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Tampa Bay Buccaneers

Arians: Joe Tryon Brings Power, Passion

Bucs Head Coach Bruce Arians says rookie OLB Joe Tryon has the kind of power that can't be taught and an energetic style of play that gets the most out of his tools

The NFL conducted the first round of its 2021 draft on Thursday night and for the first time since 2012 there were no edge rushers selected among the first half-dozen picks. Virtually every draft in the last decade has featured at least one player viewed as a blue-chip, top-of-the-round pass rusher, and often more than one. There were two take in the top four picks in 2019, for instance, two in the top three in 2017 and three in the top six in 2013.

Discounting the potential pass-rushing skills of off-ball linebacker Micah Parsons and Zaven Collins, the first player viewed as primarily an edge rusher to be selected Thursday night was Jaelan Phillips. The Miami Dolphins selected the University of Miami product 18th overall. Michigan's Kwity Paye (21st) went to the Colts three spots later and then the round ended with a mini-run on the position. Houston's Payton Turner went to the Saints at number 28, followed by Miami's Gregory Rousseau to the Bills at 30 and Penn State's Jayson Oweh to the Ravens with the next pick.

Finally, the Tampa Bay Buccaneers finished the first round by nabbing University of Washington outside linebacker Joe Tryon-Shoyinka. Shortly after, General Jason Licht said Tryon was the highest player left on their board and was ranked higher by the Bucs than some of the players who went before him. As for the run on edge rushers, the end of Round One may have just delayed it a bit. Georgia's Azeez Ojulari and Wake Forest's Carlos Basham probably won't have to wait long to hear their names Friday night and others such as Joseph Ossai of Texas, Rashad Weaver of Pitt and Ronnie Perkins of Oklahoma could get Day Two calls as well.

View pictures of Washington OLB Joe Tryon, who Tampa Bay selected in the first round of the 2021 NFL Draft.

So, with no top five-prospects in the field but a whole lot of intriguing options later in the round and into Day Two, why did the Bucs zero in on Tryon. Like most of these prospects, he has the speed and quickness to have a shot at a productive NFL career as a pass-rusher, but the Buccaneers put high value on two of his other traits: Passion and power.

"[He's the] type of football player and person that we hold in high regard – a smart, intelligent, passionate player who loves to play the game," said Head Coach Bruce Arians on Friday. "Obviously he has all the skills in the world but the passion and energy he plays with is something that really, really excites us. I think he'll be able to contribute right away in a number of different roles."

Tryon didn't play for the Huskies in 2020 as one of many highly-rated prospects who opted out of the season amid the COVID-19 pandemic. It was a difficult decision, but not one that affected the Buccaneers' opinion of him. And they had plenty of tape to watch from 2019, when he had 12.5 tackles for loss and 8.0 sacks, including a strong run at the end. Six of his sacks and 10 of his TFLs came in Washington's last five games.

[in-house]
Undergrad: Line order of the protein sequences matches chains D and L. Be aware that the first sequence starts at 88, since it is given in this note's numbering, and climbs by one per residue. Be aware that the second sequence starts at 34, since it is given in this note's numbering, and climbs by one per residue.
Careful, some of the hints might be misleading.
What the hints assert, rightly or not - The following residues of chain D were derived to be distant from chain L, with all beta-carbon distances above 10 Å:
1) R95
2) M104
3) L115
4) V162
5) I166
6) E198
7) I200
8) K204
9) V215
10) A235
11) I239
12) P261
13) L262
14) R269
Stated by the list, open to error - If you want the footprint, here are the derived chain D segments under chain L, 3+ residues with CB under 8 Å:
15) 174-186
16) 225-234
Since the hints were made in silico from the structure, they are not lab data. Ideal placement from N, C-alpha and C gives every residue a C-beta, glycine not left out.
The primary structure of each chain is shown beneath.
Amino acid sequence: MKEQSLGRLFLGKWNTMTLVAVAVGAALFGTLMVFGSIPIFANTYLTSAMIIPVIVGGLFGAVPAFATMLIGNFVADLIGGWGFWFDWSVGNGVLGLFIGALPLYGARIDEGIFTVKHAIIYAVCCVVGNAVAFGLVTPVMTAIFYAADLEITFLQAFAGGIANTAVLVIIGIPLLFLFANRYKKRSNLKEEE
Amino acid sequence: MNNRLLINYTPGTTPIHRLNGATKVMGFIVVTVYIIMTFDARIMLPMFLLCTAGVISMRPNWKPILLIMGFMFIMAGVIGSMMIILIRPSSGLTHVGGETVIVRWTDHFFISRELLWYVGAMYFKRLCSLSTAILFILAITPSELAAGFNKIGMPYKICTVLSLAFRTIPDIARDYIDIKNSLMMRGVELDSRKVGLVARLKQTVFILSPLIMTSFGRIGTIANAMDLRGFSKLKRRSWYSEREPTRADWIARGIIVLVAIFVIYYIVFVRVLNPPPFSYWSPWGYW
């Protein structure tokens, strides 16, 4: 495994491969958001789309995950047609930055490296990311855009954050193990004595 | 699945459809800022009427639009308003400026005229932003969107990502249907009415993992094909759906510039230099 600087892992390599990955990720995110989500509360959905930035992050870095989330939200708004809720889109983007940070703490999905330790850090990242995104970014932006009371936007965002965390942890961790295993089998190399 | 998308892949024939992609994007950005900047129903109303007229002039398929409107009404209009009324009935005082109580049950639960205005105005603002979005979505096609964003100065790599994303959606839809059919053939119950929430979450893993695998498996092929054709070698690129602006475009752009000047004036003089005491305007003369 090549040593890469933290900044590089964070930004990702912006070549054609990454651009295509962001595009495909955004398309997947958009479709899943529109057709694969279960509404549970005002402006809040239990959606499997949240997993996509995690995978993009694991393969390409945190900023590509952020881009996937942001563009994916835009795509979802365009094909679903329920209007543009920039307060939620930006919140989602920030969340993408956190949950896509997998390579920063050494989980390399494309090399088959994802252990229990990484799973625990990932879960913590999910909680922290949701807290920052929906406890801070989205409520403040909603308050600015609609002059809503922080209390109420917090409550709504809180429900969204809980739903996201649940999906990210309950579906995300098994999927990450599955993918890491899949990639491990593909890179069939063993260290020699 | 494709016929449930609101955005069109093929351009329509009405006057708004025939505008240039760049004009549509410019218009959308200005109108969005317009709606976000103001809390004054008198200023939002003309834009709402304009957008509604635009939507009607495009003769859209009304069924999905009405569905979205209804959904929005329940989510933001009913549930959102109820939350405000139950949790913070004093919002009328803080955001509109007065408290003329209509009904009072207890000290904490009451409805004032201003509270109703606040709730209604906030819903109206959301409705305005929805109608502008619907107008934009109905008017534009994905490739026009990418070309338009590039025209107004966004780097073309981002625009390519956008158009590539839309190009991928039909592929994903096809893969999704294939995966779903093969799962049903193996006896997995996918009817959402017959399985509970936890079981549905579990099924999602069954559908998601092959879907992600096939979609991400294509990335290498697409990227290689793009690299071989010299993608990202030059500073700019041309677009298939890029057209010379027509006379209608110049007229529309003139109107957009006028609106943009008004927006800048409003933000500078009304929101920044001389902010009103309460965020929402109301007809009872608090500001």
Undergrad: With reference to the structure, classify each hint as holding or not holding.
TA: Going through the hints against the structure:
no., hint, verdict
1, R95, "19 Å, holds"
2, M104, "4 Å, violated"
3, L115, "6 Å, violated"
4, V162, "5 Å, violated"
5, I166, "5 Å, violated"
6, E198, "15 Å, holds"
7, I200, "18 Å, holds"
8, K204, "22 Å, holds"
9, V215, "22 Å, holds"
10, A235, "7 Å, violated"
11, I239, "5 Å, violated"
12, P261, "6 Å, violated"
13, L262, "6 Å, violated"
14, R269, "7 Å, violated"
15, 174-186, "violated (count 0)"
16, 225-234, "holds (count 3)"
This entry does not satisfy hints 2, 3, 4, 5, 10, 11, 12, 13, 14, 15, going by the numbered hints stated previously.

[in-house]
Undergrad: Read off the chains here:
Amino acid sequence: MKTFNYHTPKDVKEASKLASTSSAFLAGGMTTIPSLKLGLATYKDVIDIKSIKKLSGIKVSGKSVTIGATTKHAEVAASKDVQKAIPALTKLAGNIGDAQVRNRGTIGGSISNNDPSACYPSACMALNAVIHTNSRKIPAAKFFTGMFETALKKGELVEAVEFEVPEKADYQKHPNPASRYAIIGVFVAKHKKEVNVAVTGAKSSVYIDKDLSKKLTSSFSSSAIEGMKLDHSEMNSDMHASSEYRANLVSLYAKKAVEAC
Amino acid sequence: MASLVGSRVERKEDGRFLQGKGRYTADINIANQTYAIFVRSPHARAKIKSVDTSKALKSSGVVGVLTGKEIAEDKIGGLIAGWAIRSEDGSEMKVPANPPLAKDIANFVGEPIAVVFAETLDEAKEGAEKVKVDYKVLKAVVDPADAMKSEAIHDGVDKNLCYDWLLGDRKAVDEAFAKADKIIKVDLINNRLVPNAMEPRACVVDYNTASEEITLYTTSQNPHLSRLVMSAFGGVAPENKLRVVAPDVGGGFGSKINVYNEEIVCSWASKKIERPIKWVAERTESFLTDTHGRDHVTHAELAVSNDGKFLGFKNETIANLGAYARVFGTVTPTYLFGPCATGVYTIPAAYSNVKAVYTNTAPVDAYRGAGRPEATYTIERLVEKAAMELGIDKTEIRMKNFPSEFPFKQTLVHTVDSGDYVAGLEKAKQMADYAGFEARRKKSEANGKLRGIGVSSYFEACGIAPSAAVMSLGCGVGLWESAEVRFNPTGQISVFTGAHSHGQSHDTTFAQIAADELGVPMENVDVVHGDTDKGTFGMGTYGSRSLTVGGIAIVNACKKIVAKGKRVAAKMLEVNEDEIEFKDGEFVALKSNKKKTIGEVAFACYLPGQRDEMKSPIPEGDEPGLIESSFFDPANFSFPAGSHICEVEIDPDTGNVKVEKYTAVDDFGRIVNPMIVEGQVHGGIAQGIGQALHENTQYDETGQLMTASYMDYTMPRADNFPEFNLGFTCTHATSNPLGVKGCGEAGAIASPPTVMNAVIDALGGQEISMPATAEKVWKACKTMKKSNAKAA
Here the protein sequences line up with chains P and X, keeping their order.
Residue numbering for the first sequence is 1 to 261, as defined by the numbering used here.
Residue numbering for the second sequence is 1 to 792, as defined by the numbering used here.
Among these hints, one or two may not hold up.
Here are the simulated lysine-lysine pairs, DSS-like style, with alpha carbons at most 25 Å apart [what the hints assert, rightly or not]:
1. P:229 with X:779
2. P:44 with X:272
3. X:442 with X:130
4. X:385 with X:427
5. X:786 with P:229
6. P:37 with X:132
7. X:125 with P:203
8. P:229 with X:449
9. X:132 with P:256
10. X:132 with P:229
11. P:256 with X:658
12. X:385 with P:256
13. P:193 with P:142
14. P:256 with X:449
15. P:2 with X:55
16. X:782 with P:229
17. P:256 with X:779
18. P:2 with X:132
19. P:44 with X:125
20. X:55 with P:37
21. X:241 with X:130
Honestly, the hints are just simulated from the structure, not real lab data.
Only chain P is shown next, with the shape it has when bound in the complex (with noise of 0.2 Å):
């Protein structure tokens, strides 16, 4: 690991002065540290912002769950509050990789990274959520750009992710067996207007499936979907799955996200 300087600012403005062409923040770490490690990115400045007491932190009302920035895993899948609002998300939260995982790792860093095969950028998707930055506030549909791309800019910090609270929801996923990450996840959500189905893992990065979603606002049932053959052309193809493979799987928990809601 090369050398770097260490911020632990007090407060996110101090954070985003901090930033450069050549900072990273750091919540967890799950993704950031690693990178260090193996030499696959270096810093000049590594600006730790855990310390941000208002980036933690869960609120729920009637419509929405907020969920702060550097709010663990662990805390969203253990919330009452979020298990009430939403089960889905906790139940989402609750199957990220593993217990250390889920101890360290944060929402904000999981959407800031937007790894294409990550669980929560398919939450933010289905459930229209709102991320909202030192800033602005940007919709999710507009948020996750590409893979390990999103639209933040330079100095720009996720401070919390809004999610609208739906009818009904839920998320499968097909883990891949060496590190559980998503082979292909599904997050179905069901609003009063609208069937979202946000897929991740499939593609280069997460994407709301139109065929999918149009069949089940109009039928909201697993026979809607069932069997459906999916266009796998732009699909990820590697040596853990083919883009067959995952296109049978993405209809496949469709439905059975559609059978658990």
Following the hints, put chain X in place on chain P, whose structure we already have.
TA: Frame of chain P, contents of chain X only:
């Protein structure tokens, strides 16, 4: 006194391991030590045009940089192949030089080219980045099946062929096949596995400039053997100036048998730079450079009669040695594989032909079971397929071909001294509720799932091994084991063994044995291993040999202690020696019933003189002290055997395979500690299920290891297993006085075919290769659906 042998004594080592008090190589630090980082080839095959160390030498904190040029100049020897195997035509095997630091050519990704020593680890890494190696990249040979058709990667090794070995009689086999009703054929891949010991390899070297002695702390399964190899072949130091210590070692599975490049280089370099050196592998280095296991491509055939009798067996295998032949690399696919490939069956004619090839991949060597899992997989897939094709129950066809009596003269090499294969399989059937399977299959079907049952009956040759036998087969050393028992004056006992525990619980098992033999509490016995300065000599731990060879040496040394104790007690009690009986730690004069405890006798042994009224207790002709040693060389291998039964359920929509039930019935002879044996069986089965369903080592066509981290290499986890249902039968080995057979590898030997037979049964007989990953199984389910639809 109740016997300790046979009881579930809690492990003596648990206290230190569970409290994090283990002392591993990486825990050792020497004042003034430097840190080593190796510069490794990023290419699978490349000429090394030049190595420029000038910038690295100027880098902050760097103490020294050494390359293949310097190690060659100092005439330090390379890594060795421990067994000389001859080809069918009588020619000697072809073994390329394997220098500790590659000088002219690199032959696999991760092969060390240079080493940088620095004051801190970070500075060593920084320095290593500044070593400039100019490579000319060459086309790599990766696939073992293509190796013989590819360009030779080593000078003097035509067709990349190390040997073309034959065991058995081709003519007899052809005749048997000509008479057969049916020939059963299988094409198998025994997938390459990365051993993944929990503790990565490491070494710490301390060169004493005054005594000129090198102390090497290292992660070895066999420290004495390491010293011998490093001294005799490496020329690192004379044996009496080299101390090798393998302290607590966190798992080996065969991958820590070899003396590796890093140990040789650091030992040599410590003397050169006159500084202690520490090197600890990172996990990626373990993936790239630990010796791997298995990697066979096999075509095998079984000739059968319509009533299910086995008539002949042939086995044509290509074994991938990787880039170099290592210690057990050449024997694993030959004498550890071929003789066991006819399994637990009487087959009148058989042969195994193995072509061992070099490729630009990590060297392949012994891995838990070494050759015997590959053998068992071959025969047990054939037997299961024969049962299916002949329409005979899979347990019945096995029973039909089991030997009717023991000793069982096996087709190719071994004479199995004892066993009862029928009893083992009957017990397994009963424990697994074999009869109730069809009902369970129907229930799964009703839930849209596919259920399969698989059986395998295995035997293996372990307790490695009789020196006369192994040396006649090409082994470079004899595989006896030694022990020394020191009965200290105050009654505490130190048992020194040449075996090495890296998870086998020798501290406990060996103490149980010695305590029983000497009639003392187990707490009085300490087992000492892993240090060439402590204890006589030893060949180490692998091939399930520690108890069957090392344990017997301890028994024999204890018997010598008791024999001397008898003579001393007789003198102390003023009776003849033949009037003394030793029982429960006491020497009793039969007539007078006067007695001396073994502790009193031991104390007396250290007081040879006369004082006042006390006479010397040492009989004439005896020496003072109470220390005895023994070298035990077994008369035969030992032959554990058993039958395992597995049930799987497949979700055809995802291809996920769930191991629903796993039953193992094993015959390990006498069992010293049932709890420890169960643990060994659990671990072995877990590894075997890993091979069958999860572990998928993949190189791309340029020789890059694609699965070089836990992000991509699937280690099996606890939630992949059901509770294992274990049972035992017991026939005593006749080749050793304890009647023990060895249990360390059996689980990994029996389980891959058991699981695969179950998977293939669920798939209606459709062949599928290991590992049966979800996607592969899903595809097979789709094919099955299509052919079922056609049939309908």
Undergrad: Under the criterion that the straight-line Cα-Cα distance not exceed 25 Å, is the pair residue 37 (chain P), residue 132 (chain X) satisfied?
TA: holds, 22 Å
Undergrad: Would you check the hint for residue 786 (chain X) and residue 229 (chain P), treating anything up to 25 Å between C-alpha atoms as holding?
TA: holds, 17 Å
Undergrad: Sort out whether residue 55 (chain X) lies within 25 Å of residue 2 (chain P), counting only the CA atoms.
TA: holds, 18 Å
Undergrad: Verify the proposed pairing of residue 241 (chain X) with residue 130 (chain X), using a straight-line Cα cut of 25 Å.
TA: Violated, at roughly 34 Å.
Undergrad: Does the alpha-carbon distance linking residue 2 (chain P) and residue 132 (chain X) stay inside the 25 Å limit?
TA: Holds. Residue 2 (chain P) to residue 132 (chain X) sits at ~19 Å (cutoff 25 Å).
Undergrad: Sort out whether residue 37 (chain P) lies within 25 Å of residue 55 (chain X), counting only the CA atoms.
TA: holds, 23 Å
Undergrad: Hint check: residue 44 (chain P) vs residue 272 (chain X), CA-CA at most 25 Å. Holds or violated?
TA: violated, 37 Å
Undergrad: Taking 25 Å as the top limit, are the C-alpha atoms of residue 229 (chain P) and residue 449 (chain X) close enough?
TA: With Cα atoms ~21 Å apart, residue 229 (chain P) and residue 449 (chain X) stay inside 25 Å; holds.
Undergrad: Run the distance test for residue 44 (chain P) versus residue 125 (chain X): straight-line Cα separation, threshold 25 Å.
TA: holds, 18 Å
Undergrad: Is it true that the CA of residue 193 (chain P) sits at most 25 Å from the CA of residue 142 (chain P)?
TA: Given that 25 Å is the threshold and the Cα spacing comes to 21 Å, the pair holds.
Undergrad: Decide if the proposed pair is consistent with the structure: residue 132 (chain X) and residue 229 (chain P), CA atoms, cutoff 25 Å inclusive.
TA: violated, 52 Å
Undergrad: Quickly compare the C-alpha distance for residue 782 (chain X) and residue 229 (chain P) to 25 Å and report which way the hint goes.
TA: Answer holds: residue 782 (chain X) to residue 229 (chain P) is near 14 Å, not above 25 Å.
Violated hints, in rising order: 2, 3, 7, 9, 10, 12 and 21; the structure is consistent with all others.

The Buccaneers believe he can drop the quarterback at the next level, too, and they expect him to pick up pass-rush moves from veterans Shaquil Barrett and Jason Pierre-Paul. But one thing he won't have to learn from the vets is how to win with power.

"He's got power, and power is something you can't teach," said Arians. "You either have it or you don't. A lot of edge rushers are speed guys; tackles in this league just knock those guys down. If you can't basically bull-rush and have power and turn it into speed, or speed to power, you're going to struggle. And Joe's showed that he has that ability. He's obviously going to be a huge contributor on special teams right away as he continues to improve that toolbox. But he has the main ingredients."

Which is not to say he's a one-trick pony. The Bucs think he can get around the edge and also drop into coverage when needed, as Barrett and Pierre-Paul occasionally do.

"When he closes on the ball, it's impressive," said Arians. "He's improved a bunch dropping. Obviously he's done a lot of work in the offseason, this season, in zone drops, breaking to the ball. All those things add up. It obviously adds up really fast on special teams. We got better right away. There's so many things you can do with a player who has position flexibility like Joe does."

Arians expects the Bucs' veteran pass-rushers to welcome Tryon into the fold immediately, knowing that there is always room for more help in that part of the game. Arians also thinks Tryon is fortunate to be joining a room led by Outside Linebackers Coach Larry Foote. The Bucs have a full head of steam heading into 2021 after their championship season was capped by an absolutely dominant defensive performance in their Super Bowl LV win over Kansas City. Tryon has to get back up to speed after his season off but doesn't anticipate that being an issue.

"I definitely kept the momentum going and I finished the season strong," he said. "I'm ready to build off that. It's been a long time but I'm ready to get going again. That's a high-scoring offense that they shut down [in the Super Bowl], so it just goes to say they've got great players, great philosophy and great coaching. I can't wait to be a part of that culture."

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